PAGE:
Courtesy of Stories BooksandCafe

7. Voices from Leimert Park Redux Anthology

Stories BooksandCafe is a bookstore located in Echo Park that caters to the larger literary community of Los Angeles. They host an array of events, from book release parties, comedy shows, live music, and community meetings. Voices from Leimert Park Redux is a poetry anthology that encapsulates the diverse writings of the Leimert Park area. It features African-American writers and other writers of color embracing new radical voices; one of the vehicles for their voices is this spoken word performance. The poets have been confirmed for this reading, but more details are TBA.  

Location: 1716 W Sunset Blvd, Los Angeles, CA 90026

Date & Time: Feb. 23 at 8 p.m.

Tickets: Free admission

For More Info: https://www.facebook.com/events/322309301617627/

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(From left to right): Chiwan Choi, Judeth Oden Choi, Jessica Cabellos, and Peter Wood Source: writlargepress.com

 

Just last week, Chiwan Choi and Jessica Ceballos of Writ Large Press swung by our Westwind staff meeting to discuss the realities of writing and getting published in Los Angeles. Founded in 2007, Writ Large Press is a small press that, like Westwind, publishes exclusively LA residents. They have a total of eight books under their belt, one of which is on pre-order right now.

Both Chiwan and his co-founding partner, Judith Oden Choi, went to NYU’s Tisch School of the Arts. Together, they first created the literary journal, Wednesday. They went into the project thinking, “Let’s aim to fail in two years.” This carefree mindset allowed the two editors to do whatever they wanted and take creative liberties.

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Source: writlargepress.com

Through their short-lived, 6-issue experience with Wednesday, they learned how to build a successful team. With this knowledge, Chiwan and Judith co-founded Writ Large Press, later adding Peter Woods and Jessica Ceballos. Though they have, by now, a wealth of experience, the literature and culture in the city is in itself ever-evolving, prompting the team every year to ask themselves, “Who are we, and what do we stand for?” As a result, they are constantly in the process of redefining their mission.

During their discussion with Westwind, both Chiwan and Jessica addressed the challenges of writing and publishing outside of New York. Although LA is a literary metropolis in its own right, it lacks many of the resources available on the east coast. Chiwan said that it is much more difficult to promote the press in such a large, sprawling city, especially one so far from the Big Apple, the U.S.’s capitol of publishing. Our visitors both agreed that their greatest challenges come down to money. “In L.A.,” Chiwan joked, “we’re all fighting for a piece of zero pie.”

As a group of aspiring writers ourselves, we asked Chiwan and Jessica about their own writing. In response, Chiwan and Jessica said that, as professional editors, they actually have very little time to read and write for pleasure. Chiwan said that by the time he gets home after work, he’s so tired of reading that he just doesn’t do much of it anymore. Jessica added, “It’s horrible… I’m trying to work on it.”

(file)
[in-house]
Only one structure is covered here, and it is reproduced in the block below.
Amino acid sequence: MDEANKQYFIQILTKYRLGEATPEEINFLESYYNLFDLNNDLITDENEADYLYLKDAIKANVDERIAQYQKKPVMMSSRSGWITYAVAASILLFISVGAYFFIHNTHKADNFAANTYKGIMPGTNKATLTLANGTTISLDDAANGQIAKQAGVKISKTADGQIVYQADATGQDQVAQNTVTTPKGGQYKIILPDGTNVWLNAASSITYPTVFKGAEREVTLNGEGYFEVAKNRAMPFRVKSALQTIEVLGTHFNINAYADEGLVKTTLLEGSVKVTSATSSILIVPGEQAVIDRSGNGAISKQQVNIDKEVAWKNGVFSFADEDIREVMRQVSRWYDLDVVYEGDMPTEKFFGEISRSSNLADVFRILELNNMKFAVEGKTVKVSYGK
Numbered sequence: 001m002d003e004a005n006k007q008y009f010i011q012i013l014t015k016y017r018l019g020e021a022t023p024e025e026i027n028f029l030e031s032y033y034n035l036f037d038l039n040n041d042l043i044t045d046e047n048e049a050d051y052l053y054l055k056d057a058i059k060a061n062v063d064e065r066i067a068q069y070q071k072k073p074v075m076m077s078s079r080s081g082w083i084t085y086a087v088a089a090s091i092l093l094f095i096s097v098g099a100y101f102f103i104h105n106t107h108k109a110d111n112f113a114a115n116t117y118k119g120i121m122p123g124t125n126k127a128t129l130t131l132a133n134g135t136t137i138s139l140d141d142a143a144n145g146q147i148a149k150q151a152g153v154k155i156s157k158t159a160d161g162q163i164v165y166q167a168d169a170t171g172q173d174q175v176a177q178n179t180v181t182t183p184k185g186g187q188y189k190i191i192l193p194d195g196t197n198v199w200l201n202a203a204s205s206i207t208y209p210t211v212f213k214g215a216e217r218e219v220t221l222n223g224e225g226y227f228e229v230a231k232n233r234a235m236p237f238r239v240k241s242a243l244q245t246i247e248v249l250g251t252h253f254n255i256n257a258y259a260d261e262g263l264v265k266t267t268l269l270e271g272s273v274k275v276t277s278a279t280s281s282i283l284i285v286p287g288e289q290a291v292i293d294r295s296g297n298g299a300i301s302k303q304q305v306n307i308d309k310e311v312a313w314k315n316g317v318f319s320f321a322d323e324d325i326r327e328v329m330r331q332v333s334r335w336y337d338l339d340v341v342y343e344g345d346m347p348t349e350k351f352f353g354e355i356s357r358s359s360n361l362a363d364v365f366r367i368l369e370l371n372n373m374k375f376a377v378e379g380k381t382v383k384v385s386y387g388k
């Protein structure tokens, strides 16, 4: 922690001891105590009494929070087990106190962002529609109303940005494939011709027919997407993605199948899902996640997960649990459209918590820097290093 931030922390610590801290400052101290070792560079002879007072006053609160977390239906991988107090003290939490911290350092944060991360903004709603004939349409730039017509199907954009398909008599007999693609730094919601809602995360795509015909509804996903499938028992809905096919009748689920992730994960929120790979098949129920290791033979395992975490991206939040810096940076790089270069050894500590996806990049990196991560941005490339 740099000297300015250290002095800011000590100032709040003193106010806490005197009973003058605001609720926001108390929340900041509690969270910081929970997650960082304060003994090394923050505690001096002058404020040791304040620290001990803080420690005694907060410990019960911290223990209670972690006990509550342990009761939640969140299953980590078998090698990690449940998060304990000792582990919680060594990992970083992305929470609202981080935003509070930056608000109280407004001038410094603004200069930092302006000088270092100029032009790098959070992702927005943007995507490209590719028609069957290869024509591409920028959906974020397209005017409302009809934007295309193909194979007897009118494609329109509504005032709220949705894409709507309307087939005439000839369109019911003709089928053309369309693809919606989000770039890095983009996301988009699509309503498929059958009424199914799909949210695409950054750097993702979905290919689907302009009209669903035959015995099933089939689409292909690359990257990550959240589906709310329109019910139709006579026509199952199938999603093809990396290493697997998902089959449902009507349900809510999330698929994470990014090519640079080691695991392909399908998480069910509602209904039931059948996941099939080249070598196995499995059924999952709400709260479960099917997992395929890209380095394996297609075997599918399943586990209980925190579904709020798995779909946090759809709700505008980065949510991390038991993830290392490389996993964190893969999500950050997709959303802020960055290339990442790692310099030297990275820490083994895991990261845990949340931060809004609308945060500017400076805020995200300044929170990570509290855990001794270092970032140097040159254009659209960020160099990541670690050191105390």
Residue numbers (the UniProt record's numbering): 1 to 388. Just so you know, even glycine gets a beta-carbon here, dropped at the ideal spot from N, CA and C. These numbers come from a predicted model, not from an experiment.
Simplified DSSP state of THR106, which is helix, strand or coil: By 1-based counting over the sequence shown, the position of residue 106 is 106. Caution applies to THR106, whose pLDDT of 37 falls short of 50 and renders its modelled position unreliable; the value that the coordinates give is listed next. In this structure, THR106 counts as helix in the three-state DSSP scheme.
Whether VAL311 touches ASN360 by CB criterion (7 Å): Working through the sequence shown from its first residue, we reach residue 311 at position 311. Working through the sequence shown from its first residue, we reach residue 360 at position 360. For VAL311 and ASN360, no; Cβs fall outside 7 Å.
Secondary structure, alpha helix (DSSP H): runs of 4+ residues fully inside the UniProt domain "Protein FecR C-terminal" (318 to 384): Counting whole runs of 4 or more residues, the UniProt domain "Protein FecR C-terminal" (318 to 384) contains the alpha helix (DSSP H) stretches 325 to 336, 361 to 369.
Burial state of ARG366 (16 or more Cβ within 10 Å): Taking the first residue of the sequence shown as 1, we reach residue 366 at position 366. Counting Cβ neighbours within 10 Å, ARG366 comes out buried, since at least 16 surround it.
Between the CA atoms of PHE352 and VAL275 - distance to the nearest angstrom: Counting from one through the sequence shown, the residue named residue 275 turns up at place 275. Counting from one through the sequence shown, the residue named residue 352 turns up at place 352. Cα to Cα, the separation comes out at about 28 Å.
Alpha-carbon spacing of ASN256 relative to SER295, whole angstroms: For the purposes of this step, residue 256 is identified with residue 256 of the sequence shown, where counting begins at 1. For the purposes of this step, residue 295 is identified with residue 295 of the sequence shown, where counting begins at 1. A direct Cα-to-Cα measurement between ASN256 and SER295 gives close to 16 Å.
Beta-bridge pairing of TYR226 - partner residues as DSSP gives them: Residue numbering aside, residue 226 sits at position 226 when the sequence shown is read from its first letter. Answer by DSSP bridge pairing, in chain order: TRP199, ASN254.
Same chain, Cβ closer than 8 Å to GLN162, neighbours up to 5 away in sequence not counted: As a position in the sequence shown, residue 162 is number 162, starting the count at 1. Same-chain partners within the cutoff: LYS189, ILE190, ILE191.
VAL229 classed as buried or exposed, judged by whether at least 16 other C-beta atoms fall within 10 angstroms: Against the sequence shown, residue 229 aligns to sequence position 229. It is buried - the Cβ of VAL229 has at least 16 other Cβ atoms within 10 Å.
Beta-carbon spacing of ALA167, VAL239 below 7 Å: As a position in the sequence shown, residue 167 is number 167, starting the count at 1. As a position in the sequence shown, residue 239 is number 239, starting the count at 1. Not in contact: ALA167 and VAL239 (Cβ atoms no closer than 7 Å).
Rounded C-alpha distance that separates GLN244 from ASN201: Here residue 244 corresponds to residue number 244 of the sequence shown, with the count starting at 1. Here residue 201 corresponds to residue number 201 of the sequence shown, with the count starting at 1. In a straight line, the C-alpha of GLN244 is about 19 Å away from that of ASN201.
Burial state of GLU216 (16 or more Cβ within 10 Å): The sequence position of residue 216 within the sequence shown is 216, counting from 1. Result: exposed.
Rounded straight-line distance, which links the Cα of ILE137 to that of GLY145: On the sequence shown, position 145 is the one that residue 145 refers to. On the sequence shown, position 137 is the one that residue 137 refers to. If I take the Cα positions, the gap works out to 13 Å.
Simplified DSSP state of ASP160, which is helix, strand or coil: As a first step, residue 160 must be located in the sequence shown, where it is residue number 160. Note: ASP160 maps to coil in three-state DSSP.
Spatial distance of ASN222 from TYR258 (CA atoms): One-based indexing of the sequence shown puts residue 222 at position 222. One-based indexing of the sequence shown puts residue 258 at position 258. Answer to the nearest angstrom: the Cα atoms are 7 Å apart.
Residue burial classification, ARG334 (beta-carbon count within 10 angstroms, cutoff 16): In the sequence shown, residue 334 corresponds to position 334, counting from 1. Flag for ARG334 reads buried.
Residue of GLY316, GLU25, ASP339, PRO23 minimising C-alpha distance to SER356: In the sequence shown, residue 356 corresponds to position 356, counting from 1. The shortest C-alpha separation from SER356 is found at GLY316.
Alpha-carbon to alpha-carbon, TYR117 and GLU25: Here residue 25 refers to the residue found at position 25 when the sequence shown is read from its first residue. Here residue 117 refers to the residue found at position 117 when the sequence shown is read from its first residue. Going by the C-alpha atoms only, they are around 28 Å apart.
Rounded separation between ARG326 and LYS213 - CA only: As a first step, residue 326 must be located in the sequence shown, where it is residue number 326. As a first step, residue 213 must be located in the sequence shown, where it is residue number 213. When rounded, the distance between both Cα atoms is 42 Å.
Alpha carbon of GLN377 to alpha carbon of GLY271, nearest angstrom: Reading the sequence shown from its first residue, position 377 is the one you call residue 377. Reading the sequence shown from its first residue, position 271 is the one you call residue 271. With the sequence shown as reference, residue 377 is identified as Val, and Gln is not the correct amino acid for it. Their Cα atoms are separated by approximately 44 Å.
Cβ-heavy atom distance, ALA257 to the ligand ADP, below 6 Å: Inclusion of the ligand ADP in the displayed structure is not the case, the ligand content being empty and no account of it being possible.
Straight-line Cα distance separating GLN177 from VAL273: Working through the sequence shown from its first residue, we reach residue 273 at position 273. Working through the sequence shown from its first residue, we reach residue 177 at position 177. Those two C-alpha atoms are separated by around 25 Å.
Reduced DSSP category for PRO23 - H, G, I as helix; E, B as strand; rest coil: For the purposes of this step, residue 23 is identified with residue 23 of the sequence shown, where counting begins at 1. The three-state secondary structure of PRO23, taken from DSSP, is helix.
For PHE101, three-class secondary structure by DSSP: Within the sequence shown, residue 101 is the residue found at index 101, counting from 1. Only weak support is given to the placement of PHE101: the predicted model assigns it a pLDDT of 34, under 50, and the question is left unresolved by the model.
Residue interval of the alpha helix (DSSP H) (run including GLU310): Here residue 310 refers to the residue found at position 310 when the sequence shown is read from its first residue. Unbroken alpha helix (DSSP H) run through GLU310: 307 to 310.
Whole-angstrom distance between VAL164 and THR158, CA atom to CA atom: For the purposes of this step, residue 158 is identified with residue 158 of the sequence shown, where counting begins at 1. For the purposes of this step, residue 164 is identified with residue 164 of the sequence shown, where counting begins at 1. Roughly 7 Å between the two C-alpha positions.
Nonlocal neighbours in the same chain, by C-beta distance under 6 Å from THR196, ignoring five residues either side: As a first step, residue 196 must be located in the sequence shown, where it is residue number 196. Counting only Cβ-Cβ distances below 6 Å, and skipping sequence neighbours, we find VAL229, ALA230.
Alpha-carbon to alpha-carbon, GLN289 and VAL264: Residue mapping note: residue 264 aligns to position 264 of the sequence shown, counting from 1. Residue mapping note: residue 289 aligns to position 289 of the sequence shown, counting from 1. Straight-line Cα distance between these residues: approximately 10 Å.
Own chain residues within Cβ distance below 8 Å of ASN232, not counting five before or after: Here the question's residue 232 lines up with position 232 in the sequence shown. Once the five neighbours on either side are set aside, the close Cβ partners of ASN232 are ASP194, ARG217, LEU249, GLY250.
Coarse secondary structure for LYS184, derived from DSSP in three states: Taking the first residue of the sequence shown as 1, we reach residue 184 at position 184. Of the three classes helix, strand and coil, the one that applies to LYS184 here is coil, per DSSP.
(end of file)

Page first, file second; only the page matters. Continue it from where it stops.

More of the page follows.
When asked about what they like to see in a manuscript, Jessica answered, “Something that’s unique.” It seems simple, but when put into practice, it’s much more difficult. Chiwan elaborated, explaining that he sees editors as “tastemakers”: editors suggest to the audience what to try, and that often means introducing them to new, “unique” tastes and textures.

To get acquainted with these unique tastes and textures, visit Writ Large Press at their website and view their selection of books.

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Source: parisphoto.com

 

The first Saturday of May always seems to be eventful. It is a day where people have bid adieu to their April Showers and are ready to bloom into their own May flowers (or something–probably not). In 2015, on a day when America’s focus was largely dominated by The Kentucky Derby, the new ‘Fight of the Century,’ and a thrilling Game 7, featuring Los Angeles’s own Clippers, the annual celebration of the year’s most celebrated works of photography quietly took place as well.

Every year, Los Angeles’s Paramount Studios hosts the U.S. Paris Photo, one of the world’s most distinguished photography fairs. I had the fortune of being invited by a friend (who had been invited by Janda Wetherington).

The galleries are actually set up and curated within the New York City backlot set, which virtually serves as a museum itself. As both New York native and film enthusiast, this was an eerie but utopic setting for me. The sets were surprisingly accurate simulations of urban New York. The detailed delis, bodegas, and brownstone apartment complexes did a solid job of capturing the hustle and bustle of the city in the summertime. This walk-through exhibition successfully enhanced the overall experience without taking anything away from the exceptional work within the galleries.

Over 80 leading galleries and dealers from 17 different countries world-wide showcased works at this year’s Paris Photo Los Angeles. Famous art dealers, artists, celebrities (including Judd Apatow, Gwenyth Paltrow, and Drew Barrymore), coexisted with relative foreigners to the art world and more pedestrian fans of photography like myself to appreciate one of the most powerful and ubiquitous mediums in the image-based culture of our shared present.

Among the works which stood out most to me were those of the Diane Rosenstein Gallery, Hassan Hajjaj of the Gusford Gallery, and the Taschen Gallery (which exhibited some crazy pictures of the Rolling Stones). All of the exhibitors can be found on the Paris Photo Los Angeles website right here.